BOISE, Idaho — Boise State University's fall semester begins in just two weeks and so does a new era in leadership.
Dr. Marlene Tromp began her tenure as Boise State's new president in July, and she is already hitting the ground running when it comes to her vision for the school's future.
"I think college is a transformative experience," Tromp said. "I think it changes people's lives so they can change the world. And I can't imagine a better job where what I get to do is work with an organization that that is the mission."
Tromp comes to Boise State from the University of California Santa Cruz where she launched faculty development initiatives, new support programs for staff, and led the community in the creation of a new Strategic Academic Plan.
She was also the dean of Arizona State University's new interdisciplinary College of Arts and Sciences and the vice provost of the university's West Campus. Tromp was praised at Arizona State for overseeing new academic programs, including a new interdisciplinary forensics major and a cyber security initiative, and for creating mentoring programs for first-generation students.
She says Boise State's advancements in innovation was one of the factors that attracted her to the position. In 2019, U.S. News and World Report named Boise State as one of the most innovative national universities in the country. She says she looks forward to building on that momentum.
"They're already on a trajectory of doing these incredible things here, and so I'll keep supporting those efforts," Tromp said. "It's absolutely important for me to continue to support research."
The Green River, Wyoming native is the first in her family to graduate from college. It's an accomplishment she's just as proud of as becoming Boise State's first female president.
"I think of myself as the president of Boise State. I don't think of myself so much as the first female president," Tromp said. "But I know how much it can matter to young people to see somebody who represents their group, whatever that group is, ascend to a position to where they're getting to do that servant leadership for an organization."
Tromp says she'd like to see the university reach out to more rural students.
"I would really like to see some programs that reach out actively to those rural parts of the states because so many folks in the state live in small towns, like the one I grew up in or even smaller, and to make available to them a clear sense of what they can do," she said.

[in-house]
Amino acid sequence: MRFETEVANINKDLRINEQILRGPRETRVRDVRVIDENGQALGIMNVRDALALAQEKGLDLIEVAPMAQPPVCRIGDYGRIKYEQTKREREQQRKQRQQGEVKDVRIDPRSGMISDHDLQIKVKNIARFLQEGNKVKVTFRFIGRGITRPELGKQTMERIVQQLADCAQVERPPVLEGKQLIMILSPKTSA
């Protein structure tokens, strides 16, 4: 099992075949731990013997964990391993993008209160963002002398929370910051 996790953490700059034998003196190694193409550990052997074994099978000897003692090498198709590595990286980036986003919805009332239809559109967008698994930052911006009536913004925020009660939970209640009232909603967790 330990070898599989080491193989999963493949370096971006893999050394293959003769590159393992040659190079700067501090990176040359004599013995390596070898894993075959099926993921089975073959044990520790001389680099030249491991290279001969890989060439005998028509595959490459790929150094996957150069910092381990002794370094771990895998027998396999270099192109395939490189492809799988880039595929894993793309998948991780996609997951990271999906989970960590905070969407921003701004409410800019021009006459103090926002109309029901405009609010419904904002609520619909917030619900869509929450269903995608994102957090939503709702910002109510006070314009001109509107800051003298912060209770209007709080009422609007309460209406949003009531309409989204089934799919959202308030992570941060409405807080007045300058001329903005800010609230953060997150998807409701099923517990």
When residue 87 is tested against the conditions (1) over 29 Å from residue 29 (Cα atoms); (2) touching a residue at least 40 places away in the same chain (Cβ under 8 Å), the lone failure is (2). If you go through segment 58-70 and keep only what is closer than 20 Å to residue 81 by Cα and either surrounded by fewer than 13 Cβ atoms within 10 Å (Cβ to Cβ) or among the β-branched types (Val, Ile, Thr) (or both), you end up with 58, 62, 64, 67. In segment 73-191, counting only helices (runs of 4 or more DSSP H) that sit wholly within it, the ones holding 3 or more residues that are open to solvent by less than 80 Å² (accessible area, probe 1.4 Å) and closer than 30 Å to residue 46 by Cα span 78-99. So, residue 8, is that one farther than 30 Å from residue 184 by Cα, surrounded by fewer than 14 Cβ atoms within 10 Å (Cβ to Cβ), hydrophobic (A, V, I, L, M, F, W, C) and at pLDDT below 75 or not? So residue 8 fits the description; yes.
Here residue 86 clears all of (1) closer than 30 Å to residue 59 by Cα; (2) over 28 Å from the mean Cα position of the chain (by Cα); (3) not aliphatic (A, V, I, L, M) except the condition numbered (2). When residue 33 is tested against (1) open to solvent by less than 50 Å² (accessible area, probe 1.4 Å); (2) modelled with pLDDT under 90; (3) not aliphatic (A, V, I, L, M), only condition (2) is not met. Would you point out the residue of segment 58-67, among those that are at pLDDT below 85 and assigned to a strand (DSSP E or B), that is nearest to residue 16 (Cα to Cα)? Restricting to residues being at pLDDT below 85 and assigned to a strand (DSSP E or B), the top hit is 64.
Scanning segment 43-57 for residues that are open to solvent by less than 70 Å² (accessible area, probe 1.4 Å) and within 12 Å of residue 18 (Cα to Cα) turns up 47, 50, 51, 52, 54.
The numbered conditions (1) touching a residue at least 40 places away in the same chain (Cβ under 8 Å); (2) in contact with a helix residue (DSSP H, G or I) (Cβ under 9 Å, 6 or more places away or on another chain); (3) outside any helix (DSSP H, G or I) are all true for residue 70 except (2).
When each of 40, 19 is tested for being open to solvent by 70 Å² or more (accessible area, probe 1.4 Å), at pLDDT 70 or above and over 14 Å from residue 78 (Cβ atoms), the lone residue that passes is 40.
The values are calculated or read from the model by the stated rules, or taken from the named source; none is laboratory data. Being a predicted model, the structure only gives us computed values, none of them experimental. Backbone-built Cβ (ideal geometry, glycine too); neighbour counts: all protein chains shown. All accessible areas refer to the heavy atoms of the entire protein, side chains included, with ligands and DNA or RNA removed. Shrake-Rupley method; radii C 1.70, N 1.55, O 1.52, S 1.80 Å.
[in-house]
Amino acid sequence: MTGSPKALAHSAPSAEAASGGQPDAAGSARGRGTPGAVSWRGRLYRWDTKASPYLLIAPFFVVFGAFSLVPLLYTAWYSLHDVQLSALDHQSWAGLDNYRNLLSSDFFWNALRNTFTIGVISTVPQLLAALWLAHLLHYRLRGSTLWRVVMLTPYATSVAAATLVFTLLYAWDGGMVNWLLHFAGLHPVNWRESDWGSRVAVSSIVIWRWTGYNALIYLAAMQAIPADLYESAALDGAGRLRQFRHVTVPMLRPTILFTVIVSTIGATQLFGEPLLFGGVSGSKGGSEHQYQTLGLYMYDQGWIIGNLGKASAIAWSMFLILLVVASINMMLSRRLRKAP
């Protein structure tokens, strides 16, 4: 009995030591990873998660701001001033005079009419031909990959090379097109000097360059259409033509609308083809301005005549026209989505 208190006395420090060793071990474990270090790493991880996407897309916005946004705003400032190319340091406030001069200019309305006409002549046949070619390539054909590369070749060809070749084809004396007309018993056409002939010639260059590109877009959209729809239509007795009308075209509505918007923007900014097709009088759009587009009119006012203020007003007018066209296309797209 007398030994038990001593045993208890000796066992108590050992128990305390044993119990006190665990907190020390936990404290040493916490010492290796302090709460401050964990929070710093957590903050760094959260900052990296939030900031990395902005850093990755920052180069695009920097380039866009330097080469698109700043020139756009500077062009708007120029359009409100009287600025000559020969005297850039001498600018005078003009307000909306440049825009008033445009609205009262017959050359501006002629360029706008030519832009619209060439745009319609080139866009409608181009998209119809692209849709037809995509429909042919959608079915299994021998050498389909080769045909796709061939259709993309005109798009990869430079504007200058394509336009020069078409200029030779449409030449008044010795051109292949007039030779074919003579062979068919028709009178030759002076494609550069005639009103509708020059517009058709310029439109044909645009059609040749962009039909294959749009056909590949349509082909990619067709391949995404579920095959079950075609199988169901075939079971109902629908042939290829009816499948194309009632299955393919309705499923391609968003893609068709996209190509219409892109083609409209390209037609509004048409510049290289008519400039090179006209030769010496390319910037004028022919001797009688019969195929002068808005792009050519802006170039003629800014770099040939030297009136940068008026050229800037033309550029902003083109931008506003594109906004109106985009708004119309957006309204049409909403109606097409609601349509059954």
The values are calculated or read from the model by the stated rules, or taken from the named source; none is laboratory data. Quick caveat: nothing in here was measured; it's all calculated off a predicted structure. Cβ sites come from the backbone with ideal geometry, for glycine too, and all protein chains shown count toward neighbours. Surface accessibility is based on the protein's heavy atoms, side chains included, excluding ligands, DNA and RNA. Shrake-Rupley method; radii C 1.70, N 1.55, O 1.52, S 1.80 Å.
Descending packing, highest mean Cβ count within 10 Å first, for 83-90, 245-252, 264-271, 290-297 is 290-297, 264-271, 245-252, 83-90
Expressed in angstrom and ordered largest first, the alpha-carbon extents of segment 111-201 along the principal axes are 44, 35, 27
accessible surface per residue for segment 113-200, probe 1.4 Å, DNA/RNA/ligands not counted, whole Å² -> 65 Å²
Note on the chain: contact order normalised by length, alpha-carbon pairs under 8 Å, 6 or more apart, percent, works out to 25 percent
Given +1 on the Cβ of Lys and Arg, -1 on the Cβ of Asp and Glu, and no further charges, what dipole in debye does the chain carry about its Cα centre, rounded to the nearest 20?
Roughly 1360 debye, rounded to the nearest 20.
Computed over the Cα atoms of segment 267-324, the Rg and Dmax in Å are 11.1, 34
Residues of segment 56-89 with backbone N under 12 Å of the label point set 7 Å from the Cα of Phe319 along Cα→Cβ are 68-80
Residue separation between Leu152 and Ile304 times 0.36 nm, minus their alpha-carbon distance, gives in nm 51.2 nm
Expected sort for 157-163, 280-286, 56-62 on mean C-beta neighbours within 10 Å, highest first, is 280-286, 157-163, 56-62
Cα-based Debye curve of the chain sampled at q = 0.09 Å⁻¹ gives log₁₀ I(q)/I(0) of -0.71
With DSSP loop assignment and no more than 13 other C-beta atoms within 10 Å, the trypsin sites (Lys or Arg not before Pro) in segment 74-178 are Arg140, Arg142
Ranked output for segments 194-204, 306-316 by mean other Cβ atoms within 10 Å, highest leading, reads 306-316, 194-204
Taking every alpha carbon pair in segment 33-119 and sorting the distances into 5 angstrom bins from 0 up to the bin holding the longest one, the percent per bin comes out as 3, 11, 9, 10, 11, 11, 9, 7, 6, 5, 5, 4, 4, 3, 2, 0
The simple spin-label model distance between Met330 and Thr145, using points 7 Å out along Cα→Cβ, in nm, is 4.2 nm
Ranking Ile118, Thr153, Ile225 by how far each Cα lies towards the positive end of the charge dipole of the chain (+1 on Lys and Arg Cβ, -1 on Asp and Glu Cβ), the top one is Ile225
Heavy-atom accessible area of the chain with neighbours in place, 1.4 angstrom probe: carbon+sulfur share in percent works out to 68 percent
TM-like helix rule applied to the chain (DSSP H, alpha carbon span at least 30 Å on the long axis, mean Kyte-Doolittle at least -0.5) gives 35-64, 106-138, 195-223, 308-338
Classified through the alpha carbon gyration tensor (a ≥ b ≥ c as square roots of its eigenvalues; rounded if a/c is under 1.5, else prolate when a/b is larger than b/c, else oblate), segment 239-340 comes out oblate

Tromp's tenure will begin as Boise State continues to see an enormous amount of growth in its student population. Enrollment is up nearly 15% in the last five years, and a whopping 55% since 2000.
"How do we grow in a way that is healthy as the city and the state continue to grow and how do we make sure we're tending to the things people care about," Tromp said. "Because when people say, 'Stop the growth,' often what they're saying is that underneath that sentiment, there is some specific things they don't want to lose and we need to understand what those things are and really foster them."
Boise State's win in the 2007 Fiesta Bowl no doubt put the university on the map, and Dr. Tromp recognizes the importance of both athletics and academic programs.
"One of the really exciting things about Boise State, that isn't necessarily true nationally, is that the creativity and innovation that's associated with that blue field, you know people being scrappy, and creative and gritty and figuring things out and striving, that's what we see on the academic side of the house, too" Tromp said. "And so our athletics and our academic programs, they share a common philosophy. Athletics is often the front door that people come to to learn about the university, it gives people an awareness of the university.
"What we'll strive for is making sure that now that we've knocked on the door with our athletic programs that people know about all the amazing things that are going on here," she added.
During her interview with KTVB, Tromp took time to respond to the group of 28 Idaho Republican lawmakers who sent a letter to Boise State University calling the school's efforts to create inclusivity, diversity and equality "disconcerting." The lawmakers said the programs add unnecessary costs and that BSU officials should focus on academic excellence.
"The letter was really an opportunity for us to begin dialogue with people, and if people are thinking those things and not reaching out to the university, we lose an opportunity to talk to each other," Tromp said. "And because community is so important to me, I really do want to understand what is it that underlies those concerns, and help me understand them in an fundamental way. What is it that you feel and think and care about? Where do we have shared interests? How can we work together? And so I'm very invested in understanding what people think and care about. And I'm very invested in making sure we're serving our whole community and all of our students. And that's something that's a priority to me."
Tromp says maintaining and improving Boise State's sense of community will also be top priority. She wants to create a profound sense of shared mission, not just with students, faculty and staff, but with the community.
"I love the kindness in the community. It was like this wonderful added bonus once I got here," she said. "And I think it's possible for us to create even more sense of community. And in a place like Boise and in a state like Idaho, people genuinely care about that. And so that's a thrill for me."